Firts and foremost, remember that these Sp are native from the hart of the Rain Forest of North of South America. Mainly founded in Venezuela,North East Brazil,Guyana and Surinam, this means that the average temps these specie lives all year round are on the low to high 80's F, with a relative humidity of the high 90 to 100%.

That being said,these spiders wont do fine at lower temps.
You need to make sure theres enough humidity in the enclosure to see the water pretty much dripping from the lid but also providing them with a heat source so they can reach higher 80's in temperature.

The ventilation is a must, since these conditions are a "fiesta" for those darn mites, so you need to drill many wholes on the lid and maybe sides.
Therefore provide a small water dish with open water -You dont see them drinking? Ok, but it doesn't cost money either...So just do it.


Theraphosa is very nervous in general, and even more at this stage, so a small container would give them a more "safe" sensation and also will be easier for them to powerfeed.

For our 2nd instar 1.5" slings, a 5" by 5" enclosure will be optimal.


The ideal here would be creating a micro habitat, this means, keeping them on a larger tank with constant high temps and higher humidity levels.

Feed them pretty much every day till they get nice and plump, then wait for them to molt not offering pray. Chances are in 4-5 days they will molt.


These spiders are not impossible to care for, but you need to invest
a little more effort than on your regular Smithi.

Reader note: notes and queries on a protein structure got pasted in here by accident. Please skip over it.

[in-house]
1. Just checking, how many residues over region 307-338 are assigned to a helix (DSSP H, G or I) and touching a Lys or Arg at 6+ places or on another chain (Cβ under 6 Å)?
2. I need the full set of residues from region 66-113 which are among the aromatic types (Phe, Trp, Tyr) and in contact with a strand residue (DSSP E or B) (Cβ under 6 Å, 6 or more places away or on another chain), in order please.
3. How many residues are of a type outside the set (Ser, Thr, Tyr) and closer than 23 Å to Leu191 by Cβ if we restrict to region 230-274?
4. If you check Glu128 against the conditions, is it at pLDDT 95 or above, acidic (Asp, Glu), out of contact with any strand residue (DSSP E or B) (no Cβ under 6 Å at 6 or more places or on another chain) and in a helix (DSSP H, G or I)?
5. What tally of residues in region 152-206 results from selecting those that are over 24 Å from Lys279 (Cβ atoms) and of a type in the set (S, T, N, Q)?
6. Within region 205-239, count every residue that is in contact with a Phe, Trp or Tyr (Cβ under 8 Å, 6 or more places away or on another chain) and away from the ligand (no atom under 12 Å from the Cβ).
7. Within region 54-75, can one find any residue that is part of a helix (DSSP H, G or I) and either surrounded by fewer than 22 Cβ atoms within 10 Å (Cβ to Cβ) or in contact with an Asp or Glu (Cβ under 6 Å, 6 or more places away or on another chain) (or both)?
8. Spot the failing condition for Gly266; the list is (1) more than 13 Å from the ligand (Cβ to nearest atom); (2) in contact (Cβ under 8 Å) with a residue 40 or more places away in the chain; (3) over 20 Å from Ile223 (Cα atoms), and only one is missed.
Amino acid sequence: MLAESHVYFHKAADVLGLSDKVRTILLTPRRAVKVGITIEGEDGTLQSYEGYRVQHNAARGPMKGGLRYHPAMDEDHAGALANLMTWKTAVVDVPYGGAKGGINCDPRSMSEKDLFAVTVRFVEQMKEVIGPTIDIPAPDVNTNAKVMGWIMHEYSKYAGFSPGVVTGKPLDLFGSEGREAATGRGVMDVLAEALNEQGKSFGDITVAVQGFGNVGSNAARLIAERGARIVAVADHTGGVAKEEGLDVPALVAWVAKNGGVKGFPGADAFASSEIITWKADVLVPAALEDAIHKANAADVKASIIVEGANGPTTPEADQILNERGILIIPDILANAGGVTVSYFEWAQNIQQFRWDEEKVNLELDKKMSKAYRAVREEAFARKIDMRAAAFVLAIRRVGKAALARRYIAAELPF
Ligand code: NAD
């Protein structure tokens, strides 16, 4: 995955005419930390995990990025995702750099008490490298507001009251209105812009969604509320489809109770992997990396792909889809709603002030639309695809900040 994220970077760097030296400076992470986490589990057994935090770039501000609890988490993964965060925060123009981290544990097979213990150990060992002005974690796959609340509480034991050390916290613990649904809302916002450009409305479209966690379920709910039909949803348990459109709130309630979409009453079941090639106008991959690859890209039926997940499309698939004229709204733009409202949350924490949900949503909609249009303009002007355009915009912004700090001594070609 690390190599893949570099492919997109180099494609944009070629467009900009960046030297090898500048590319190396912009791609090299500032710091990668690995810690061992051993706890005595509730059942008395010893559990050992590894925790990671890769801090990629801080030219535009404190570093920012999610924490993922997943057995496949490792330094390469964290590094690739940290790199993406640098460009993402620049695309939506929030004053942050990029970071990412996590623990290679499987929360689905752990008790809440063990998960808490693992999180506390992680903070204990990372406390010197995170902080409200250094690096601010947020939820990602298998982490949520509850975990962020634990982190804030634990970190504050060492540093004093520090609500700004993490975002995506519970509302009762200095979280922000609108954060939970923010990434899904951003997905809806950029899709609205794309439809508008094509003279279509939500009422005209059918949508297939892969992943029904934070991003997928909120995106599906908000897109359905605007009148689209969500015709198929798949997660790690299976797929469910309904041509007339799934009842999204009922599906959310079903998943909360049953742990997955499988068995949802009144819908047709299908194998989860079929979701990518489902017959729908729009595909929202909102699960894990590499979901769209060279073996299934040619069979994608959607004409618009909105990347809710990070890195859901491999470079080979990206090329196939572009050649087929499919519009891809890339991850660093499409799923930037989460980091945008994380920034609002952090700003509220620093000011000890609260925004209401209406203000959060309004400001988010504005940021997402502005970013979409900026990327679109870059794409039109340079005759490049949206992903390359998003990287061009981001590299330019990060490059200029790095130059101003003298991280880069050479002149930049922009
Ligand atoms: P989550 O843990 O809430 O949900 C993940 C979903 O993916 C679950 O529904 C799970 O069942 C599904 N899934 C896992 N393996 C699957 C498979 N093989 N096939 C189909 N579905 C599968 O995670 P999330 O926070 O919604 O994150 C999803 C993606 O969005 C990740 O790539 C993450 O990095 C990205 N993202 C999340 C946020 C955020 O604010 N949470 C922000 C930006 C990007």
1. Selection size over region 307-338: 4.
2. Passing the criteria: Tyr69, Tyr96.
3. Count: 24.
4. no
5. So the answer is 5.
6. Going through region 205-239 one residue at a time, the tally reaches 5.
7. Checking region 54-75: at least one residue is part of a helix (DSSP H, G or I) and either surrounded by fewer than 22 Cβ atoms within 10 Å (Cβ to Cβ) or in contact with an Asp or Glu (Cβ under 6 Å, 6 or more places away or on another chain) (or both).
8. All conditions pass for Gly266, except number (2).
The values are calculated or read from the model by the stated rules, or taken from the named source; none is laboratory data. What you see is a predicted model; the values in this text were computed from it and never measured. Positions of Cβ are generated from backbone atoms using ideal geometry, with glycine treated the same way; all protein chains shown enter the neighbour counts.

Follow that and they will be nice and happy Blondi! ;)
Great post fran!!:clap::clap: & don't forget...if they appear dead, they may be molting!!:eek:{D
 

Terry D

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Fran, Excellent post! :clap: Tell 'em like it is.

This means nunnathat 65-68 degrees, one pinhead a week rosea-type scheduling. {D

A personal addition to :eek:- I noted that my sling seemed lethargic and was initially more than a little worried. Now I'm sure that it's just calmed from shipping and finally settling into it's nice, moist container with an extra-deep (burrow at 1.5" deep :eek:) hide..... It's as simple as that!! :)

Terry

edit- mines a T. spinipes or sp "burgundy" but still closely related enough for this discussion, eh? *'nother red face*
 
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Fran

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:)

Oh yeah {D All these guys freak at the beggining as soon as you open the lid...You see them running around the enclosure as soon as you show touch that lid {D

I hope that Spinipes molt for you soon Terry!!